My Habsburg Jaw

Updated: Mar 18, 2020

One of my most prominent facial features is my chin. When I was fourteen years old, I was diagnosed with Velo-Cardio-Facial-Syndrome, which was the cause for my chin's prominence. I was a little self-conscious about it, but my mom told me then that I inherited it from my dad and my maternal grandfather. Once I started doing some research, I found my ancestry, (and possibly my chin), could be traced back hundreds of years to royalty.

Our ancestry can tell us much about who we are today. Once I started doing some research, I found out that I was a direct descendant of Maximillian I von Habsburg, Holy Roman Emperor (1459-1519). As I was researching the Habsburg family, I came across something known as the “Habsburg Jaw.” For laughs, I put a picture of one of the Habsburg emperors next to one of mine on Facebook. I quickly got a lot of likes and people commenting how much we looked alike! I found this to be really exciting. It inspired me to do more research on the Imperial and Royal Habsburg family and Velo-Cardio-Facial-Syndrome as well.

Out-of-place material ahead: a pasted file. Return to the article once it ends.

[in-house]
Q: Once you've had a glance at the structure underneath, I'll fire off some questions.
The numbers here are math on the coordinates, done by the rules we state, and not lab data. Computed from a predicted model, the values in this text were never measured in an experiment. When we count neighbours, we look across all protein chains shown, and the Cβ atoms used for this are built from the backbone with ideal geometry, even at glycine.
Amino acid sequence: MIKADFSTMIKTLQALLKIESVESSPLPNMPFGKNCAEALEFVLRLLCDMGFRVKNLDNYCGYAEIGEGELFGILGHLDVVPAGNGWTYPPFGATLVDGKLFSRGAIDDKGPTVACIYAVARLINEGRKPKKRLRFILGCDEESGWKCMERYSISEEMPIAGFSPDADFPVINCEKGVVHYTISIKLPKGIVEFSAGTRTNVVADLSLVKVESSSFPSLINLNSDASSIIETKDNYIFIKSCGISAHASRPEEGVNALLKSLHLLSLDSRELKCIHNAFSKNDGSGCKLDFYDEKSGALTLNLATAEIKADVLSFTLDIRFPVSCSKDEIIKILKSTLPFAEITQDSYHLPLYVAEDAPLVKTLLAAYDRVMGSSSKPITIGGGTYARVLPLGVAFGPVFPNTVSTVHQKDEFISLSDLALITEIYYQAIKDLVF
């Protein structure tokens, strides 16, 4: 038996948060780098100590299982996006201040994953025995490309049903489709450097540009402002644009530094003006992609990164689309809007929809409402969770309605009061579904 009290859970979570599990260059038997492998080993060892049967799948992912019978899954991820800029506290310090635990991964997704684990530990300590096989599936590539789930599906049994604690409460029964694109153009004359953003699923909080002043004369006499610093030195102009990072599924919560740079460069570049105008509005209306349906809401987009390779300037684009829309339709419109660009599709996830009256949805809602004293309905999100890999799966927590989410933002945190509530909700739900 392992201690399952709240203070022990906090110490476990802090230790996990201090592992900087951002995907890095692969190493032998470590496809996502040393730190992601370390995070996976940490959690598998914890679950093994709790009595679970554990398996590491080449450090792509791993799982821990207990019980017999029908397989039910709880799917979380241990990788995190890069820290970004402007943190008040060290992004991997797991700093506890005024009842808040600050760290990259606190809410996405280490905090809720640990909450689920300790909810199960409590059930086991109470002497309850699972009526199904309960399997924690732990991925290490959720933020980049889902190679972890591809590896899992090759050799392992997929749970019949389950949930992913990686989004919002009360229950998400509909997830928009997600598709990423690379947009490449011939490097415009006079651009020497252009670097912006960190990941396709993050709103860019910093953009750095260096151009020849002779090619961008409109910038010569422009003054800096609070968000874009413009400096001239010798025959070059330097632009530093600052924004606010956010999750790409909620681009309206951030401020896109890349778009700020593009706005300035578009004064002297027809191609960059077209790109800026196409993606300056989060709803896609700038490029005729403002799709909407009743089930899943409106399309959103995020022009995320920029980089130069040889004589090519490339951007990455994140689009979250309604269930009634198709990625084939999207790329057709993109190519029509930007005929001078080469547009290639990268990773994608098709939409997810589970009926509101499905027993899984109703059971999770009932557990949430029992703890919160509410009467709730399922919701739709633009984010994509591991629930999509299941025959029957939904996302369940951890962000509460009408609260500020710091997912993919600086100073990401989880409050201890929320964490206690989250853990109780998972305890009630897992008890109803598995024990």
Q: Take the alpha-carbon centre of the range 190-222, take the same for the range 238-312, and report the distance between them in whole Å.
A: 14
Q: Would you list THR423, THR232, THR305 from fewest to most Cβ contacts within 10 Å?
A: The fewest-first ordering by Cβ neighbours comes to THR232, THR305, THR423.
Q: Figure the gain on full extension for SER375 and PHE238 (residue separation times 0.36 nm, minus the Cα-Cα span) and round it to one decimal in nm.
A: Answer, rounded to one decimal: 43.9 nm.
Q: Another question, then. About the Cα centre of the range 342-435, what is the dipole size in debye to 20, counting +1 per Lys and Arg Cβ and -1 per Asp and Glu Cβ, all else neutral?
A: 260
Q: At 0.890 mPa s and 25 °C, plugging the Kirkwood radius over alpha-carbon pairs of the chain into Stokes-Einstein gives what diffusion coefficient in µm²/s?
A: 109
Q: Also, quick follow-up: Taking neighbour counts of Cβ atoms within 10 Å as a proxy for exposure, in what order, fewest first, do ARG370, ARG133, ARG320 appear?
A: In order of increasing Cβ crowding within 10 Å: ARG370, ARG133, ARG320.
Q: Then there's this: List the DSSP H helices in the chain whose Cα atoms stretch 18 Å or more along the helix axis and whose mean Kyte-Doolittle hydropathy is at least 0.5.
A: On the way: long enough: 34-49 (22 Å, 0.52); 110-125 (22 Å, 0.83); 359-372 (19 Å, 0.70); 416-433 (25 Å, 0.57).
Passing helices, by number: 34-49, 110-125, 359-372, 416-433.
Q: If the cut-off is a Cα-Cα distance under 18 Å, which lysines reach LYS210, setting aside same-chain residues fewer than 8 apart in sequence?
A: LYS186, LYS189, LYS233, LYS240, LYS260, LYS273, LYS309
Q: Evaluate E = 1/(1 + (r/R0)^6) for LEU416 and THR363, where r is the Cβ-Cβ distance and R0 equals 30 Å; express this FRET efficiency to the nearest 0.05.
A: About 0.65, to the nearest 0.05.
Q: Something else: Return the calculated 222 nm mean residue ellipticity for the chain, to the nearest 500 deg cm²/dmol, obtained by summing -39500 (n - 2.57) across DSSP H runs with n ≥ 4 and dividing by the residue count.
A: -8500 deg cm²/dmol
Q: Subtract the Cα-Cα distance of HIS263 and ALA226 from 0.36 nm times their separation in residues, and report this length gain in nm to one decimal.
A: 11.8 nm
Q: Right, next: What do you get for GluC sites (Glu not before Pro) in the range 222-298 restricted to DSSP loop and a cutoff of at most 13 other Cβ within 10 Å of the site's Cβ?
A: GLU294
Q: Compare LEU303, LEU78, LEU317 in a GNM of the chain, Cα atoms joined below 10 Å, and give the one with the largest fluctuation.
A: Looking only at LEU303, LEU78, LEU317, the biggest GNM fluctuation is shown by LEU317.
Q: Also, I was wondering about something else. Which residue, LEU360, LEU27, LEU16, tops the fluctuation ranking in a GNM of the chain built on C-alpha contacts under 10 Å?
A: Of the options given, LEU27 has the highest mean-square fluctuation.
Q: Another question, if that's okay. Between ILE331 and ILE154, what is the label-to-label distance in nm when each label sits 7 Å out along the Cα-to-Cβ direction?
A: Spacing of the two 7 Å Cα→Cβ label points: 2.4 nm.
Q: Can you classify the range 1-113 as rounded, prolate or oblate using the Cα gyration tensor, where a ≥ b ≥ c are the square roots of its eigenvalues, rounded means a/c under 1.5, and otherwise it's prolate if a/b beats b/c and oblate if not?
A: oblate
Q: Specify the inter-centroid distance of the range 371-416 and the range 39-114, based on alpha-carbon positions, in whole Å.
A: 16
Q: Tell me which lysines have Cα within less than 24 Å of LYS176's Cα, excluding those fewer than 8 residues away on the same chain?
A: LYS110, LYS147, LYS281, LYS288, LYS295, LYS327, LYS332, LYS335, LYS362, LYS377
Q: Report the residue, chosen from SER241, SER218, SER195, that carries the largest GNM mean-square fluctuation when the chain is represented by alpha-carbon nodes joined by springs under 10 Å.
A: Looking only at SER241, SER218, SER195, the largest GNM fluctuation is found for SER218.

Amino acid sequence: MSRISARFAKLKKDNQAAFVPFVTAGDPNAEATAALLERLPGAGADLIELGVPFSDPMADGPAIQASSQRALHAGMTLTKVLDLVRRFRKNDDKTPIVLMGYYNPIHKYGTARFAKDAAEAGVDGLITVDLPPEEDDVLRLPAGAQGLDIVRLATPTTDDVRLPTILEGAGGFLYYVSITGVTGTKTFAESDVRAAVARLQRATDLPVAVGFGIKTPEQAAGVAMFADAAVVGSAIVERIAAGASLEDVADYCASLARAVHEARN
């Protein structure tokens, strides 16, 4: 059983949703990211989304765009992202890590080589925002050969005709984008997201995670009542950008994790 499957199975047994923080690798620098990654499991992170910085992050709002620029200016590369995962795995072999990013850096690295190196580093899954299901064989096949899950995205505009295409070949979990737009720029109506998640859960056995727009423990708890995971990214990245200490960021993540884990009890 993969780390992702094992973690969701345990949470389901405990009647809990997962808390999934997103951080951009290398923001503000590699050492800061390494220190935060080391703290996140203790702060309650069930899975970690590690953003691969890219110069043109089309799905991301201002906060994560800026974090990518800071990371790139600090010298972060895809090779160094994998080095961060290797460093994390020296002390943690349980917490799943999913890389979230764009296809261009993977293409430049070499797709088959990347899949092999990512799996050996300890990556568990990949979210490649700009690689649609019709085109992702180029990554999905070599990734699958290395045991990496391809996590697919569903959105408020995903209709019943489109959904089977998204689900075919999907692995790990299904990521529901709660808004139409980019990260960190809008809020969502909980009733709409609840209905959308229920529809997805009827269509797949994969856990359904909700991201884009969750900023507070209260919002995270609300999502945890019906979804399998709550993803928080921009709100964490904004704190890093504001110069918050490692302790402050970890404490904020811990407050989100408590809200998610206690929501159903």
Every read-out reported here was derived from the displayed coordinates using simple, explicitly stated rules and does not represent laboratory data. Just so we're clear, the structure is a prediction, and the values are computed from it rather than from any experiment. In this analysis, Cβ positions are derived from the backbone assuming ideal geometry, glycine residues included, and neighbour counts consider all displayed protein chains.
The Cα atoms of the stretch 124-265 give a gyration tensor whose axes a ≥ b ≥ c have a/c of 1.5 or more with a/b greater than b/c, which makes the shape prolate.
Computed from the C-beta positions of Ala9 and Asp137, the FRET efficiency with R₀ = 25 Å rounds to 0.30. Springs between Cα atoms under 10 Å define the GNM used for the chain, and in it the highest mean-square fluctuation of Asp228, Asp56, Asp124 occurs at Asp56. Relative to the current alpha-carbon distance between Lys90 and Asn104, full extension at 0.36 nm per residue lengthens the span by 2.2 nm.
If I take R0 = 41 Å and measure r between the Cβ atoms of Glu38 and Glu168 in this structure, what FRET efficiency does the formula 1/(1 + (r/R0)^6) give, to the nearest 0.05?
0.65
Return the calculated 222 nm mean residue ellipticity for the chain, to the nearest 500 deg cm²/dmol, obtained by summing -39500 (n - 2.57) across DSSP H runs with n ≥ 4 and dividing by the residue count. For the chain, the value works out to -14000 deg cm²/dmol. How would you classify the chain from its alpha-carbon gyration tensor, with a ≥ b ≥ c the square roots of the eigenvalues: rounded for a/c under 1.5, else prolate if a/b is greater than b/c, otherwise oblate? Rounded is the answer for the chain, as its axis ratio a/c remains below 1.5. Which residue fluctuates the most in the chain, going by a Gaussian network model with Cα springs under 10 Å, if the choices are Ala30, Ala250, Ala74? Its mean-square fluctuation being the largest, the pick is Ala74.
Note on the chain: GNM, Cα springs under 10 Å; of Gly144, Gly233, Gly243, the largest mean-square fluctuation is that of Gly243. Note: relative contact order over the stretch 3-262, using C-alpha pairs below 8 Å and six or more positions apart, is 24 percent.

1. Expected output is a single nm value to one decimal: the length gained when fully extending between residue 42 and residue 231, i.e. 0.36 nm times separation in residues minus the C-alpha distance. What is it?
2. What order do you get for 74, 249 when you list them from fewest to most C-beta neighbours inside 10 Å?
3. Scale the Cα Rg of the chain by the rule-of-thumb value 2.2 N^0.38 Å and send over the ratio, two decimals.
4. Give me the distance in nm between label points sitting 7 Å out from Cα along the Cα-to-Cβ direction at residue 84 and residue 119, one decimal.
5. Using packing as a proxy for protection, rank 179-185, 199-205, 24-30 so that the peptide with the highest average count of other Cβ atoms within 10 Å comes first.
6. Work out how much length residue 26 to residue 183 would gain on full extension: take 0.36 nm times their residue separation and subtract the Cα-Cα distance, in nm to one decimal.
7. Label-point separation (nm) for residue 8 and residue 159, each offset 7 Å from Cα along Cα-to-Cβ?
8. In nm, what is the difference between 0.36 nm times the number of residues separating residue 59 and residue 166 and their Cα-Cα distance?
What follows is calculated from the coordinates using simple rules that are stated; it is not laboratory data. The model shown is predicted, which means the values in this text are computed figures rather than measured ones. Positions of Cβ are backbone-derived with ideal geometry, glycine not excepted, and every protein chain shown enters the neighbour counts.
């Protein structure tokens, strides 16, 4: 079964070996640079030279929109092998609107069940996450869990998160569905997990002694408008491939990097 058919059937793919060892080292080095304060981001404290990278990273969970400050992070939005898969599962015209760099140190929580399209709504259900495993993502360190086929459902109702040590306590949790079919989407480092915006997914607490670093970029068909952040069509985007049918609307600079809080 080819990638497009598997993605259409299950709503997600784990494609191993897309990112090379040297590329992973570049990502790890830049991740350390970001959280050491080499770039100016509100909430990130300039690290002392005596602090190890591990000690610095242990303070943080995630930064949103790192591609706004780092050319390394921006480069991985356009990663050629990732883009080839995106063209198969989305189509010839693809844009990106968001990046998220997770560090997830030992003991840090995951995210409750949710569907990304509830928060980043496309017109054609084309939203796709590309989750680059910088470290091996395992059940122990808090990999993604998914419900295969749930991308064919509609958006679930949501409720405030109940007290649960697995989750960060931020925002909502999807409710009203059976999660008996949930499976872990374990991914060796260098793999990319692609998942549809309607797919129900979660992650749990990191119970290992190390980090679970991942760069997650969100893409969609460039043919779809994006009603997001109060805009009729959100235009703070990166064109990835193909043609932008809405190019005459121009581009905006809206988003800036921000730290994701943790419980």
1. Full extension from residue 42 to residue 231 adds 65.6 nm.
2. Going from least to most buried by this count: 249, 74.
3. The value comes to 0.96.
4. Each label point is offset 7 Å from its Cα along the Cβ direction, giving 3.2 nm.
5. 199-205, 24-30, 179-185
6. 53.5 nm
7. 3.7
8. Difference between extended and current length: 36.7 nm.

I started digging deeper and doing more research, using websites like allows you type in the name of a celebrity or another notable person and find out if you are related to them. So again, I typed in Richard III of England to see if I was related. Richard III was an infamous British king, inspiring the famous play by Shakespeare and was known for being a hunchback. However, a hunchback is somebody who has a severe case of scoliosis, and I myself have a mild case of scoliosis. Well, my results came back and it turned out I was a 1st cousin 16 times removed, which meant he was a 1st cousin 16 generations ago. It makes me wonder if theres a chance my own mild scoliosis could be traced to a king.

My VCFS and my ancestry bring up many questions with answers I am still learning about. It’s been more important though to embrace and celebrate what I look like today. Looking at my research, it seemed like people didn't really think much about physical differences hundreds of years ago; so why should people think so much about it now? The physical differences these kings had didn't seem to stop them from ruling or going into battle. If they can live their lives with differences, then we can most certainly live our lives with our differences today.


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